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Yahoo's European auctions set to close

The online portal plans to shut down the auction sites on June 28, when sellers' reputation ratings will also disappear.

    Five of Yahoo's European auction sites are going, going, and nearly gone--and so too are sellers' feedback ratings.

    On June 28, the online portal company plans to shut down the auction sites that serve the United Kingdom and Ireland, as well as those that handle France, Germany, Italy and Spain. Yahoo has already stopped accepting new items on the sites and is encouraging users to register with eBay.

    "We would like to thank you for using (our) auction service, and we hope you have enjoyed the Yahoo experience," the company said in a note to users on the auction site serving the United Kingdom and Ireland."

    Although the company has begun directing members to eBay, sellers won't be able to take with them one of their most valuable assets: their reputation ratings.

    "Your Auctions ratings are specific to (Yahoo Auctions), which means your ratings will disappear," the company warned users. "Unfortunately, your ratings are not transferable to eBay."

    Yahoo and eBay representatives did not return calls seeking comment on the transition from Yahoo auctions to eBay.

    Last month, Yahoo announced that it would close the auction sites in the coming weeks and promote eBay. The company did not give a specific date for the transition.

    Prior to the deal, Yahoo and eBay had been bitter rivals in the auction market. Yahoo had been the top competitor to eBay in the United States in terms of listings until it introduced fees on its site last year, a move that resulted in an 80 percent drop in the number of auctions on its site. Despite the decline of its U.S. auction site, Yahoo's strength in Japan, where its site is No. 1 in listings, forced eBay to close its own Japanese site earlier this year.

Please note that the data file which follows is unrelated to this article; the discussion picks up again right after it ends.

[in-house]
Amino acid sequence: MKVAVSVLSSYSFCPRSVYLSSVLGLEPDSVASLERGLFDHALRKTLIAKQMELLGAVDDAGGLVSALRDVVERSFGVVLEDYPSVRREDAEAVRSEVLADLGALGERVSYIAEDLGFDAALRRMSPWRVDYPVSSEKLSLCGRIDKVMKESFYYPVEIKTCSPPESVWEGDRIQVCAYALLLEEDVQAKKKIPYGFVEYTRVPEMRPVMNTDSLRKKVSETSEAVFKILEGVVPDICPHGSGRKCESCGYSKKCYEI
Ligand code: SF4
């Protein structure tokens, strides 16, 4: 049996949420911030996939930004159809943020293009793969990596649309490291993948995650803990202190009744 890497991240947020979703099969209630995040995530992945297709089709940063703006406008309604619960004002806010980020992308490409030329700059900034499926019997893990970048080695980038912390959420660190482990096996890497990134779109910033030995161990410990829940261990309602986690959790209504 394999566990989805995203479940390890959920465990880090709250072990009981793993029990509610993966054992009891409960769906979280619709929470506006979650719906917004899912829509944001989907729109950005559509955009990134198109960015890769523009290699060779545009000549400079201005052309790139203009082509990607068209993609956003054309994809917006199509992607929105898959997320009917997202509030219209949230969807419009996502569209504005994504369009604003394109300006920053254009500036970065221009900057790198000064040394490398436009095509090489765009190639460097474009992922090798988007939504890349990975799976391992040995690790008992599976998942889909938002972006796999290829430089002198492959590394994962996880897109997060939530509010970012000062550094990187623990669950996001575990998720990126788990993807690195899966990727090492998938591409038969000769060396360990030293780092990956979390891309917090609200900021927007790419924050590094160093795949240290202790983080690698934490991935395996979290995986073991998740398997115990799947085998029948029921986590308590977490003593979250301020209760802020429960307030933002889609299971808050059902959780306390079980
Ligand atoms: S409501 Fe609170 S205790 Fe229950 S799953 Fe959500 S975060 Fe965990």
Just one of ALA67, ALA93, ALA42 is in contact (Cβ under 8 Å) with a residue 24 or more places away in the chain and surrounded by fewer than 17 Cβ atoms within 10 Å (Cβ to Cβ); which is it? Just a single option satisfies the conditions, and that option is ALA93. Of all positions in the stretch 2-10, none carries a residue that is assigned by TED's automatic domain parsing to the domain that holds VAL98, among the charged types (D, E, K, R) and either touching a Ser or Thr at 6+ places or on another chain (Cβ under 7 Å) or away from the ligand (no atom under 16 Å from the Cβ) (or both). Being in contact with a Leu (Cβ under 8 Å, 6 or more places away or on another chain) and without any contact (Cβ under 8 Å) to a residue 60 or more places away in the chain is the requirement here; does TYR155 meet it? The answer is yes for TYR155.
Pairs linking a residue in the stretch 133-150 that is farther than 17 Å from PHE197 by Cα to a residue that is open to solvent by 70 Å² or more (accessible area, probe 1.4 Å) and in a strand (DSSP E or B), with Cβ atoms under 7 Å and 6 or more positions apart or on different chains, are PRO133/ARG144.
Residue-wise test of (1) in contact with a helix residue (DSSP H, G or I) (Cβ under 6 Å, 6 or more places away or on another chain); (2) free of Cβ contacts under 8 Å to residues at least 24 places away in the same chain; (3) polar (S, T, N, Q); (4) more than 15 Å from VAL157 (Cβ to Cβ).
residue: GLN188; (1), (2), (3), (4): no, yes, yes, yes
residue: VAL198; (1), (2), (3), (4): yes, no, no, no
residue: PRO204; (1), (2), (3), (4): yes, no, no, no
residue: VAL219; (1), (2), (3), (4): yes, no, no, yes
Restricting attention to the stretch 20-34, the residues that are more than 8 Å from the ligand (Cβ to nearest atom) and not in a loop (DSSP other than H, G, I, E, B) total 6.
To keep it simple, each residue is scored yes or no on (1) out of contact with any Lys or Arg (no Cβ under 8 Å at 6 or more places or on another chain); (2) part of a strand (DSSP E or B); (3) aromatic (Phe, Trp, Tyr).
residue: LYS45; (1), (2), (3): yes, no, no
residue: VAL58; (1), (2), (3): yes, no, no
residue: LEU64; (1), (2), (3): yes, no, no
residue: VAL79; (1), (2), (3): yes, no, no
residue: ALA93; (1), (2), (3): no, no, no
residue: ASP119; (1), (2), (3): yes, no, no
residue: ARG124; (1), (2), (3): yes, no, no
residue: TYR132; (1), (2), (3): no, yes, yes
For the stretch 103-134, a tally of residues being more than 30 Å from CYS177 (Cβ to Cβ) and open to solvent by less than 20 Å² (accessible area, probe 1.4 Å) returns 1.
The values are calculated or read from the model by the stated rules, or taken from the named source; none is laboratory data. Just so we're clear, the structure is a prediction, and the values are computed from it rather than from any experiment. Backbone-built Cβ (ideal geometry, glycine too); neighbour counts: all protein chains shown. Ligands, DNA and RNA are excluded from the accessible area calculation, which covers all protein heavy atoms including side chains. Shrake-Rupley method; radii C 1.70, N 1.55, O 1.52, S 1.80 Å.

Yahoo has already begun to promote eBay in banner ads on the auction sites that it is closing. On the homepage of Yahoo's Spanish auction site, for instance, an ad encouraged viewers to go to eBay to find and buy what they were looking for.

    Yahoo promised to keep its "My Auctions" feature up and running for two weeks after it shuts down its auction sites. The feature allows members to keep track of auctions they have participated in and provides contact information for buyers and sellers.

    But the fact that their feedback won't be transferred could draw the ire of Yahoo sellers. Generally determined by subtracting negative feedback comments from positive ones, feedback ratings help to establish trust in online auctions, where buyers and sellers seldom meet outside of the online auction environment.

    Considering the feedback ratings on its site to be its own intellectual property, eBay three years ago blocked sellers on other sites from importing their ratings from eBay. Despite that ban, many Yahoo sellers have established significant feedback ratings that will be lost when the auction sites close.

    Earlier this year, eBay merged its feedback system with that of its Half.com site. But the merger caused problems for many Half.com sellers, leading to inaccurate ratings scores and the inability of some Half.com buyers to leave comments about their purchases.